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Before and After: Newport Beach family home grows up

Allen and Margot Condon could never fully commit to decorating their children’s rooms in any particular color or theme.

That’s because the couple raised 13 children, 10 of them adopted, in their roughly 3,000-square-foot Newport Beach home.

“It was just easier to leave everything neutral, because we never knew who was going to be staying there next,” said Allen, 76. Margot died last year.

Given the revolving-door nature of their household — today, the Condon children range in age from 18 to 50 — interior design was not a consideration; the house had barely been touched since the family bought it in 1999. There was even a makeshift bedroom in the garage.

“There were no windows, and the kids staying there never knew if it was day or night,” said Allen, a real estate investor. “We called it the ghetto.”

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The rest of the bedrooms were in similar need of a refresh. All had basic closets — sometimes with just a hanging rod, and there were cabinets everywhere. Mattresses or trundle beds lined the floor. The kids kept their clothes in bins that were switched out at the start of the season and transferred to the garage.

After his wife died, and with only three of their children now living at home full time, Condon enlisted interior designer Diana Tomei to transform the house.

“The house was never a priority; the kids were,” Tomei said. “And people get used to a certain way of living. When I asked Allen’s daughters what colors they’d like their rooms, it was something they’d never been asked before.”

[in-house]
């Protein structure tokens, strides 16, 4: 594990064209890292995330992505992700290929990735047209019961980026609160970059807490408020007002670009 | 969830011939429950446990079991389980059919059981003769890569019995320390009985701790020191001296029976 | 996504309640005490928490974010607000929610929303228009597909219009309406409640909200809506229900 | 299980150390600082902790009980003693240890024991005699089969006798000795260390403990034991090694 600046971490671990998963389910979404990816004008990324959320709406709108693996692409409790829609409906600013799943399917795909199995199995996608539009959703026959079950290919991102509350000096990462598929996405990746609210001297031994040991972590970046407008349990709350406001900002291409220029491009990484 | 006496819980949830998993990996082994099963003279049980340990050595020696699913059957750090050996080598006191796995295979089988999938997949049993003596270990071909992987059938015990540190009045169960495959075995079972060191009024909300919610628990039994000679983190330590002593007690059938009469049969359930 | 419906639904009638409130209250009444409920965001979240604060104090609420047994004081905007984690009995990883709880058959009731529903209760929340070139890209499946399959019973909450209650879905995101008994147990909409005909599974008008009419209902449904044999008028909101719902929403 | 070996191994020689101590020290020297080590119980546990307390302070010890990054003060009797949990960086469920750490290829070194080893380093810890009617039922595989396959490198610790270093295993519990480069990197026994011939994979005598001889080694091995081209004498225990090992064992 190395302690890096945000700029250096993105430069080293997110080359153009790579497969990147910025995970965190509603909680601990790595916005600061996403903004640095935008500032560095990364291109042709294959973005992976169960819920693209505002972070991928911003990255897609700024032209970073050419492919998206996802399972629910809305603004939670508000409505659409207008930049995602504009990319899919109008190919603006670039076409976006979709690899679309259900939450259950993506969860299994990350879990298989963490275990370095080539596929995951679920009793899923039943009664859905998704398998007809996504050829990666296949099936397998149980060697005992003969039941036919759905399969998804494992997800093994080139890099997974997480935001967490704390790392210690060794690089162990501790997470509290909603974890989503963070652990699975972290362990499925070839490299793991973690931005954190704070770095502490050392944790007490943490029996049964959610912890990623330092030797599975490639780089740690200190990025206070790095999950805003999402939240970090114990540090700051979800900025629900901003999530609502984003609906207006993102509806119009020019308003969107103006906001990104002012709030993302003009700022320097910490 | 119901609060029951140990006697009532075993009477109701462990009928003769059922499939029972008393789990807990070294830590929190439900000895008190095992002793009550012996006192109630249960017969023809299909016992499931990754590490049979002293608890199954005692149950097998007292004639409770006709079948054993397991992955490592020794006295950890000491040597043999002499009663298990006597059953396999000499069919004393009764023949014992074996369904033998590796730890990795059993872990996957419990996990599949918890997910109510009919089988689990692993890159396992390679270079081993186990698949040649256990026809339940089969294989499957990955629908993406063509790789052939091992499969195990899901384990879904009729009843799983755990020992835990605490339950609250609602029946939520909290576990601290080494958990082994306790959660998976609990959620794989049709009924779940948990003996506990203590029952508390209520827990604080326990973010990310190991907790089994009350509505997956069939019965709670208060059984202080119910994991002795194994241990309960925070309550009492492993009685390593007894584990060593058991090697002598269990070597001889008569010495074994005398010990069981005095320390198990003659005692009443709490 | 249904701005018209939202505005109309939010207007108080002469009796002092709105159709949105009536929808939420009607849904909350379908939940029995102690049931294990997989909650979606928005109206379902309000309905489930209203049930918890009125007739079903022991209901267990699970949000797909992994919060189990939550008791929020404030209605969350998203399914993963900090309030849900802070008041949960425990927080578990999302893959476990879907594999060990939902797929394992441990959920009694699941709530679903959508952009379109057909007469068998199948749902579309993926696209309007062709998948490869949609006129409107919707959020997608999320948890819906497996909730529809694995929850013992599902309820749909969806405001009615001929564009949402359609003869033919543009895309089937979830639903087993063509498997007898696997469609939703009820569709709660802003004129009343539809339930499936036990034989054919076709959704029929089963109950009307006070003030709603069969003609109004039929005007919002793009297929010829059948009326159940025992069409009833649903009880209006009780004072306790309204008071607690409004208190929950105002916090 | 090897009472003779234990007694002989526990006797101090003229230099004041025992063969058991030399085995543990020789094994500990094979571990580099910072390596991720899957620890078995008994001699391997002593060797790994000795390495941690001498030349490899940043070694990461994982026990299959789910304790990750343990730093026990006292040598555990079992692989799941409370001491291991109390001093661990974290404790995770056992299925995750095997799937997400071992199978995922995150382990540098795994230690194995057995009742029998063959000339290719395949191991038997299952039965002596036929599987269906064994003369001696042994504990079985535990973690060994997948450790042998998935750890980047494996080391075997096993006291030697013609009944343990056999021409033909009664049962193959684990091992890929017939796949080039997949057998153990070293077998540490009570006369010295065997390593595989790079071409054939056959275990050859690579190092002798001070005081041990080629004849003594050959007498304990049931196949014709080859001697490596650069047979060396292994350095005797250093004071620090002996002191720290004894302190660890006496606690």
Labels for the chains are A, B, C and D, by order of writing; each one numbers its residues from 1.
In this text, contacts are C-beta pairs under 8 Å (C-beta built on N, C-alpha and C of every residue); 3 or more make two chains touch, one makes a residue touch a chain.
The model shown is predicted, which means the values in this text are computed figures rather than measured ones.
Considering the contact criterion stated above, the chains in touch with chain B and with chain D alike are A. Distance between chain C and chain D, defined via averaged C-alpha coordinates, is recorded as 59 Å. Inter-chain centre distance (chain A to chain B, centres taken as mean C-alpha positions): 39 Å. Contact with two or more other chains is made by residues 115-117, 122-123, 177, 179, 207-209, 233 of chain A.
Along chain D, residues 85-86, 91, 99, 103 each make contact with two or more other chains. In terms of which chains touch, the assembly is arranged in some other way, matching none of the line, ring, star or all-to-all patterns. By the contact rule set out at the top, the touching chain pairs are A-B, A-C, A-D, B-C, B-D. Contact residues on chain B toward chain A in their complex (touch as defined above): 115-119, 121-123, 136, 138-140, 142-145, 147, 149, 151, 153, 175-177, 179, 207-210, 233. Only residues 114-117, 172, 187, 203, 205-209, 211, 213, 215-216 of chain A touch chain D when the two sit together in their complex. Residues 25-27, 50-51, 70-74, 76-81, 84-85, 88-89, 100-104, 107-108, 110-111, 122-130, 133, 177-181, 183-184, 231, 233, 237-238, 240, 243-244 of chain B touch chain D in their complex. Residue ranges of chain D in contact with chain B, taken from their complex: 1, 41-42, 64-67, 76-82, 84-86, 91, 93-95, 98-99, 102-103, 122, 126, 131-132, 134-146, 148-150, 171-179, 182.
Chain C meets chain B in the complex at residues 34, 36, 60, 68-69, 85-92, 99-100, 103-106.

The palette was just one of many considerations in the revamp, which took five months to complete and cost about $300,000.

“I wanted it to be open and uncluttered,” Allen said of his ideas for the renovation. “Diana got it. She knew exactly what was needed. When she showed me her plans, I never said no.”

Plantation shutters were removed to make the rooms airy and light-filled. In the living and dining spaces, Tomei used an easy-to-clean tile on the floor (the Condon children — many with kids of their own — congregate here monthly).

Son Tyler Condon said the family is grateful for the “relaxing, warm vibe” of the new design.

“It’s the perfect house to come home to,” the 38-year-old said.

In the living room, the color scheme is ivory and pastel blue, accented by a hefty dark-wood table and wicker chairs.

In a den off the kitchen, a chestnut-colored couch is enhanced with cushions in burnt orange and mauve, a graphic patterned rug beneath. The former kitchen island, in an unwieldy triangular shape, has been replaced by a rectangular one with counter seating.

The master bedroom has been revamped in shades of white and pale blue, with cafe-style curtains shielding the window in the master bath, and a large white tub gives it the look of a boutique-hotel bathroom.

An upstairs bonus room, once lined with boxes and cabinets, now boasts a plush tufted rug, cozy recliner, spotlights and plants. A couch from Room & Board easily transforms into a bed.

“The furniture is designed with wear and tear in mind,” Tomei said. “We wanted it to have that relaxed, beachy feel. We didn’t do crazy, wild, expensive stuff. We just made the best use of the space and the light.”

Tomei said she also wanted to respect the idea that the house would always be a touchstone for the Condon clan, a place they could return to any time.

“The house had been well loved,” she said. “It had given all it could give. Now it just feels like a new chapter.”

hotproperty@latimes.com


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